Very recently, (in fact I only just got home this week) my extremely generous and wonderful Grandfather took me on a whirl-wind tour of Europe. We cruised down the Danube River from Prague to Budapest and along the way stopped in Regensburg, Linz, Salzburg, Passau, Durnstein, Vienna and Bratislava! It was absolutely gorgeous with amazing architecture both new and old. Papa took 1,500 pictures (ish) so, there is no chance of not being able to explain how incredibly beautiful this trip was.
Besides the fact that I had a wonderful time with Papa and saw many beautiful buildings and pieces of art, I also ate some amazing food (and some not so amazing food)!! Dinner every night was at least 3 courses, but normally 5. Then again those crazy Europeans don’t eat until 7 at night, and I’m used to eating at 5:30, needless to say, I was starving! Here was how dinner normally happened:
Course One: Small appetizer. Examples: Trout mousse (surprisingly good), a scallop, a couple pieces of shrimp with various sauces, and more, although it was never vegetarian.
Course Two: Soup. There were almost always two options. My top three favorites from the trip were garlic soup (which I will SO be making and posting about), white tomato soup (ever heard of a white tomato???) and sauerkraut soup (yes, it was sour, but it was also a nice change from creamy soups and heavy meats and it was extremely delicious). If I find the recipes I will be sharing them, because p.s. I’m boycotting Campbell’s (even their reduced salt soups are 20% of your daily salt intake for ½ cup and you can taste it).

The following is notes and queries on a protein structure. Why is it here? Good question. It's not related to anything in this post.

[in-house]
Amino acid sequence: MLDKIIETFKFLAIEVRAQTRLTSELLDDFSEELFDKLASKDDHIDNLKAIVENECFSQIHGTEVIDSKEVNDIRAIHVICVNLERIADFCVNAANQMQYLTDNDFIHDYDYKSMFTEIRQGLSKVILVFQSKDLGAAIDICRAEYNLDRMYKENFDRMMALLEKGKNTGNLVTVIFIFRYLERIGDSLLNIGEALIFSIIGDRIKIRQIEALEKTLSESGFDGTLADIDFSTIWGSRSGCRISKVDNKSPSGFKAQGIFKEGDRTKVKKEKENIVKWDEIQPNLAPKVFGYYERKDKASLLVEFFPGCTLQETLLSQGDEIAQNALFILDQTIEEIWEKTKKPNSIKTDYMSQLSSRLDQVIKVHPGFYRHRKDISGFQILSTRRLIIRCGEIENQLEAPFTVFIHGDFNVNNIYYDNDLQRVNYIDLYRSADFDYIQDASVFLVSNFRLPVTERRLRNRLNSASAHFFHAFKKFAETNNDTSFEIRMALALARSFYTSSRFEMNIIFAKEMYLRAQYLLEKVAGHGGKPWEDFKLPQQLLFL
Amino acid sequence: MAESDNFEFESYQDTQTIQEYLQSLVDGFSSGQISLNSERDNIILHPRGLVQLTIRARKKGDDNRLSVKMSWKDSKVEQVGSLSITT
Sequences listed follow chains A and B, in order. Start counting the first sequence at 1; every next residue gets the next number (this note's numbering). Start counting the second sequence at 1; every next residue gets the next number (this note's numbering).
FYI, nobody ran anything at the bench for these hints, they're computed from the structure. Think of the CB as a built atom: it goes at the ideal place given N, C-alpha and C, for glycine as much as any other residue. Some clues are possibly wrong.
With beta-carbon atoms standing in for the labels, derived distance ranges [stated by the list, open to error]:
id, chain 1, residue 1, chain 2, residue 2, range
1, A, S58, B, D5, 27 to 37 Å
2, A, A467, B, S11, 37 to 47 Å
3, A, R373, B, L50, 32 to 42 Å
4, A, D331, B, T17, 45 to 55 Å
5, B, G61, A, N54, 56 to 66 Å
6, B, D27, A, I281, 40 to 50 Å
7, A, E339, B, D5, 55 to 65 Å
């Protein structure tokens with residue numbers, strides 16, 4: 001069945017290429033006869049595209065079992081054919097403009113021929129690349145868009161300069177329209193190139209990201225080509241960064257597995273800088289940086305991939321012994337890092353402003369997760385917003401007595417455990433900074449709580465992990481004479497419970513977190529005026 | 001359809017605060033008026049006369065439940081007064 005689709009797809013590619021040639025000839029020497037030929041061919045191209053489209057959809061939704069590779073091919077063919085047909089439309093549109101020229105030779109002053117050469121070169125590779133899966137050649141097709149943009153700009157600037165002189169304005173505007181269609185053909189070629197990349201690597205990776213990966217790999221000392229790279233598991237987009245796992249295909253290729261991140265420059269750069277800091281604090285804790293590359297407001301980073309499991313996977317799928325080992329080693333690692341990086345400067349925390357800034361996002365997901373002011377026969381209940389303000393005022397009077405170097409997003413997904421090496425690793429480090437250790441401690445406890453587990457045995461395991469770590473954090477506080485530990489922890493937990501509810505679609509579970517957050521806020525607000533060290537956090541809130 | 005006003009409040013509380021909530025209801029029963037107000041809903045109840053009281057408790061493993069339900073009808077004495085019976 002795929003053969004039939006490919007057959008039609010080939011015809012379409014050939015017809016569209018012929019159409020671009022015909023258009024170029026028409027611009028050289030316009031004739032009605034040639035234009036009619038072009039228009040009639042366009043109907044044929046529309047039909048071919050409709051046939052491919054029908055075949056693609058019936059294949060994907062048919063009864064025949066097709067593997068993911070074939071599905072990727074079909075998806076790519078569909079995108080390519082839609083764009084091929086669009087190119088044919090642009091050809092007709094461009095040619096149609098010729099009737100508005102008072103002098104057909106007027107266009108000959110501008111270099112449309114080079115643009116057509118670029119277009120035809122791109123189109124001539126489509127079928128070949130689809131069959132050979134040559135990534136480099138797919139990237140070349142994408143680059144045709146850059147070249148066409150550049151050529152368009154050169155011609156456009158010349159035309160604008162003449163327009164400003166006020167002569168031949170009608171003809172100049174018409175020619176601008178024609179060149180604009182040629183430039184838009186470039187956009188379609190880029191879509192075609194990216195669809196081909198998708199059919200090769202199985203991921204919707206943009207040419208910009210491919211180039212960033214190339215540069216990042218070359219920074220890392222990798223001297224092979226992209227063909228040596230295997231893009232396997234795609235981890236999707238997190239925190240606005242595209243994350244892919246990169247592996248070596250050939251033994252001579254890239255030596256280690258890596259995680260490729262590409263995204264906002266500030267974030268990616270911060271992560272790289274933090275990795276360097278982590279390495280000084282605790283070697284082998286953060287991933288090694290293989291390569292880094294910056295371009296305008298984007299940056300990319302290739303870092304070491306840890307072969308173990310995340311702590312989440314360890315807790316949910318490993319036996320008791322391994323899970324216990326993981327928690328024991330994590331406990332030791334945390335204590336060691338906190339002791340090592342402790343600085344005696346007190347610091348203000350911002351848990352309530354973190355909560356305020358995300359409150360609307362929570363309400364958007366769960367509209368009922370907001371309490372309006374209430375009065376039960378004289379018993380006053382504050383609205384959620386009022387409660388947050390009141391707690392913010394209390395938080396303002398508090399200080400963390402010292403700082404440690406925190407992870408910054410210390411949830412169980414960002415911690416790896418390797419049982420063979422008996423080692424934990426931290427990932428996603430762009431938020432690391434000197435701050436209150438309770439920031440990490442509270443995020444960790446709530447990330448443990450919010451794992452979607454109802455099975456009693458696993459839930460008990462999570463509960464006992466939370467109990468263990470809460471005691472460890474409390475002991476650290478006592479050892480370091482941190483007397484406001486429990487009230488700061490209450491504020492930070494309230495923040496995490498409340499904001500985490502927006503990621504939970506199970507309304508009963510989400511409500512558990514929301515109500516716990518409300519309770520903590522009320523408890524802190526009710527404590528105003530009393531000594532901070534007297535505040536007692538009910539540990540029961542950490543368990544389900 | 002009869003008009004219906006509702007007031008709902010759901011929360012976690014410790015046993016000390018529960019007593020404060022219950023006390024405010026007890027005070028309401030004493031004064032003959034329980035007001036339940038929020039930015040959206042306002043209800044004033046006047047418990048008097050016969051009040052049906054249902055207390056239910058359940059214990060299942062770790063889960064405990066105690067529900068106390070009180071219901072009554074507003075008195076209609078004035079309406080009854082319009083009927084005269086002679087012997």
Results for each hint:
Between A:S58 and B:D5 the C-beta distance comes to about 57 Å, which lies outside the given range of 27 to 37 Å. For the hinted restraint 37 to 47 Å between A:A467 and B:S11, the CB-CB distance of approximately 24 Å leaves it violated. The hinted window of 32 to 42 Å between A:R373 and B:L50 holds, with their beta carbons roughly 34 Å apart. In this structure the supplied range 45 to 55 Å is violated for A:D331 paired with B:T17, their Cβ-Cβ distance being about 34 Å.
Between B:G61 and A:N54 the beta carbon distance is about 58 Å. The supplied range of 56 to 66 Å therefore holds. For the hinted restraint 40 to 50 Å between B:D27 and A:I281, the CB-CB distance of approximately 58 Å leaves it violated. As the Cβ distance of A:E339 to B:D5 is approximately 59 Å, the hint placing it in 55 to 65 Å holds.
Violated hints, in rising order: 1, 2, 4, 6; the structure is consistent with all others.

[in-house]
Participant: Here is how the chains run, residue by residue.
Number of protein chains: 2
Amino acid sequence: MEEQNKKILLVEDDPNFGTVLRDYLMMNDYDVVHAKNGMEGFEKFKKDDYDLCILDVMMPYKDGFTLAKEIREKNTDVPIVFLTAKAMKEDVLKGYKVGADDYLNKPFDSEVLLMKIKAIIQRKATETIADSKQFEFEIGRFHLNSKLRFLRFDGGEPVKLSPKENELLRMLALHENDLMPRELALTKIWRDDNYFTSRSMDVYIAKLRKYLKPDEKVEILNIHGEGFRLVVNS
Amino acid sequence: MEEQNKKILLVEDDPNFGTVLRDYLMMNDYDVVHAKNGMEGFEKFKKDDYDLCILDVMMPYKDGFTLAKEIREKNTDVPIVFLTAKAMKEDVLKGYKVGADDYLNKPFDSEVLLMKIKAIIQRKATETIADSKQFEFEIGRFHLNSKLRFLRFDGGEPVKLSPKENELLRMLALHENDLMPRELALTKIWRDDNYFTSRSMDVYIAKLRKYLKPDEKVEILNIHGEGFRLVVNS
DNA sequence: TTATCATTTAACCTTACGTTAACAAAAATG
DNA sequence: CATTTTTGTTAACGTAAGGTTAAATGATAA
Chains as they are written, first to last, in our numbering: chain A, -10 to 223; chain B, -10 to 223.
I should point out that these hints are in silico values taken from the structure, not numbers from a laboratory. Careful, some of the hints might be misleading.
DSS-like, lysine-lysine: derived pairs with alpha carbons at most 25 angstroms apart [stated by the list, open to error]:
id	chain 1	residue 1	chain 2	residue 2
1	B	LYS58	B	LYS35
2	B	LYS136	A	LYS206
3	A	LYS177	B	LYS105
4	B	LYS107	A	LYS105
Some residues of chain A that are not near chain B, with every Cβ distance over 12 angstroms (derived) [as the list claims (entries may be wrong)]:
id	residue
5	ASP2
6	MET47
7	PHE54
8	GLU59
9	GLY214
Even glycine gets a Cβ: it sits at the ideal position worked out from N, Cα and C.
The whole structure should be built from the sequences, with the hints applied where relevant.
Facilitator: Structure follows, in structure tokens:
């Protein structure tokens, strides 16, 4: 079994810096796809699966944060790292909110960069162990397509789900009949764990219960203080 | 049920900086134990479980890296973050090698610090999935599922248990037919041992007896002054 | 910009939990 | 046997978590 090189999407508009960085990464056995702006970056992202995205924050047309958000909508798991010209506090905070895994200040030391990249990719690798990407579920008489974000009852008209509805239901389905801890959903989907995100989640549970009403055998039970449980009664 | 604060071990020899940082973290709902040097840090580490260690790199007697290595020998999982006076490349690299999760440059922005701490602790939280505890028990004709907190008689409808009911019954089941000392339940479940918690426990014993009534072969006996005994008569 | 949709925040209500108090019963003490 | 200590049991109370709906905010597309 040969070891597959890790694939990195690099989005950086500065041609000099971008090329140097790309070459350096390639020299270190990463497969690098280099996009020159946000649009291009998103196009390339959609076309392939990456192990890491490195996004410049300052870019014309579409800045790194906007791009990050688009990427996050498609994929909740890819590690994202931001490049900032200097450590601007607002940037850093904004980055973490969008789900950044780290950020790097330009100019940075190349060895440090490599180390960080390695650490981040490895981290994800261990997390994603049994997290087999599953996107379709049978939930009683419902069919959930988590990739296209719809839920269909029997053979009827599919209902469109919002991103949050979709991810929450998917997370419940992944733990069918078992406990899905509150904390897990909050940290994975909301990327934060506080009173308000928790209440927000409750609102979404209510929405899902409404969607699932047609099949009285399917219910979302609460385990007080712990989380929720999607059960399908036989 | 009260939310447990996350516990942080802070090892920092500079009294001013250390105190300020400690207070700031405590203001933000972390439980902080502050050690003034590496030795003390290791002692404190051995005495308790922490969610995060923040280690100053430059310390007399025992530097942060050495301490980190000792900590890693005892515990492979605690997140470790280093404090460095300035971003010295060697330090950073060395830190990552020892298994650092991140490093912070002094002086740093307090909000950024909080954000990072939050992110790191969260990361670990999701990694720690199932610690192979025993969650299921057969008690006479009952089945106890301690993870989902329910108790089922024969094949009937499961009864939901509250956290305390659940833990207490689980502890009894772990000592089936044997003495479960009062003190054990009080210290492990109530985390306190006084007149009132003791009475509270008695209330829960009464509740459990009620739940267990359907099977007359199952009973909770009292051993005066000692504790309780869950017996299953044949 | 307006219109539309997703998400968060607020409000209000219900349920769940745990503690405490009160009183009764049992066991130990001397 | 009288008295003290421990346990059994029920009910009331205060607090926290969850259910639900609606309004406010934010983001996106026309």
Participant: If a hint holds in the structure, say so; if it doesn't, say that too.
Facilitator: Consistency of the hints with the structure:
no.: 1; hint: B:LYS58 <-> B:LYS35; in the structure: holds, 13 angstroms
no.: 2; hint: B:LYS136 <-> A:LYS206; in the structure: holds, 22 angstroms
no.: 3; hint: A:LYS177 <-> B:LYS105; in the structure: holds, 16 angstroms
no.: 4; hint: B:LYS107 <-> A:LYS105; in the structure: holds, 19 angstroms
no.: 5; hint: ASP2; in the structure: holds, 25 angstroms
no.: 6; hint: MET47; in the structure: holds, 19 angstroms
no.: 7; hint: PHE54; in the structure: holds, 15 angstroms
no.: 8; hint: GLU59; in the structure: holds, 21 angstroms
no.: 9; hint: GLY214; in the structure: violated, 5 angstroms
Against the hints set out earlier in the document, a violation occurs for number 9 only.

Course Three: Salad!!!! I had previously thought it would be near impossible to find veggies in the meat capitals of the world, but I did find them, just not enough of them, so this was a gift from the gods. The salads often had a thin pesto sauce or vinaigrette and had there was no iceberg lettuce to be found! Hallelujah!
Course Four: After forty five minutes of feeling starving and only getting miniscule pieces of food that were more a tease than anything (although they were quite a tasty tease) we finally had our main course. This is where I tasted lots of new meats and was pleasantly surprised to find I liked some of them, but some, I just couldn’t stomach. Duck, pretty good, veal, was okay, but I feel bad eating baby cow, but on the other hand, fois gras gives me the shivers. It has the consistency of fluffy cream cheese, only it’s made of intestines, or is it liver? Hmm, not quite sure. Maybe if they had told me what it was after I had tried it, I might have like it, but they told me before, so no. I also ate meat that was way pinker than I am comfortable with, but it was cooked by a professional, and I decided I was going to be very open on this trip, so I ate the tiniest bites. It was good, but I prefer my meat cooked all the way through thank you very much!
Course Five: Dessert! From Crème Brule to mango mousse to cheese filled crepes to gelato, we ate it all!!! There was plenty of chocolate, lots of cream and way too many options. Everything was good, how could you go wrong when each restaurant had a pastry chef? What was the best part? You could always get tea to go with it!
The food was amazing, but I’m glad to get back to home cooked meals and fruits and veggies galore. Look for my attempts to make Camembert Salad, Spinach risotto with mozzarella, zucchini and mushroom strudel with carrot puree and sautéed asparagus, and more. I may not be in Europe any longer, but that doesn’t mean I won’t be stealing their recipes. Mwah ha ha ha…
Live, laugh, love, smile,
Marley and Me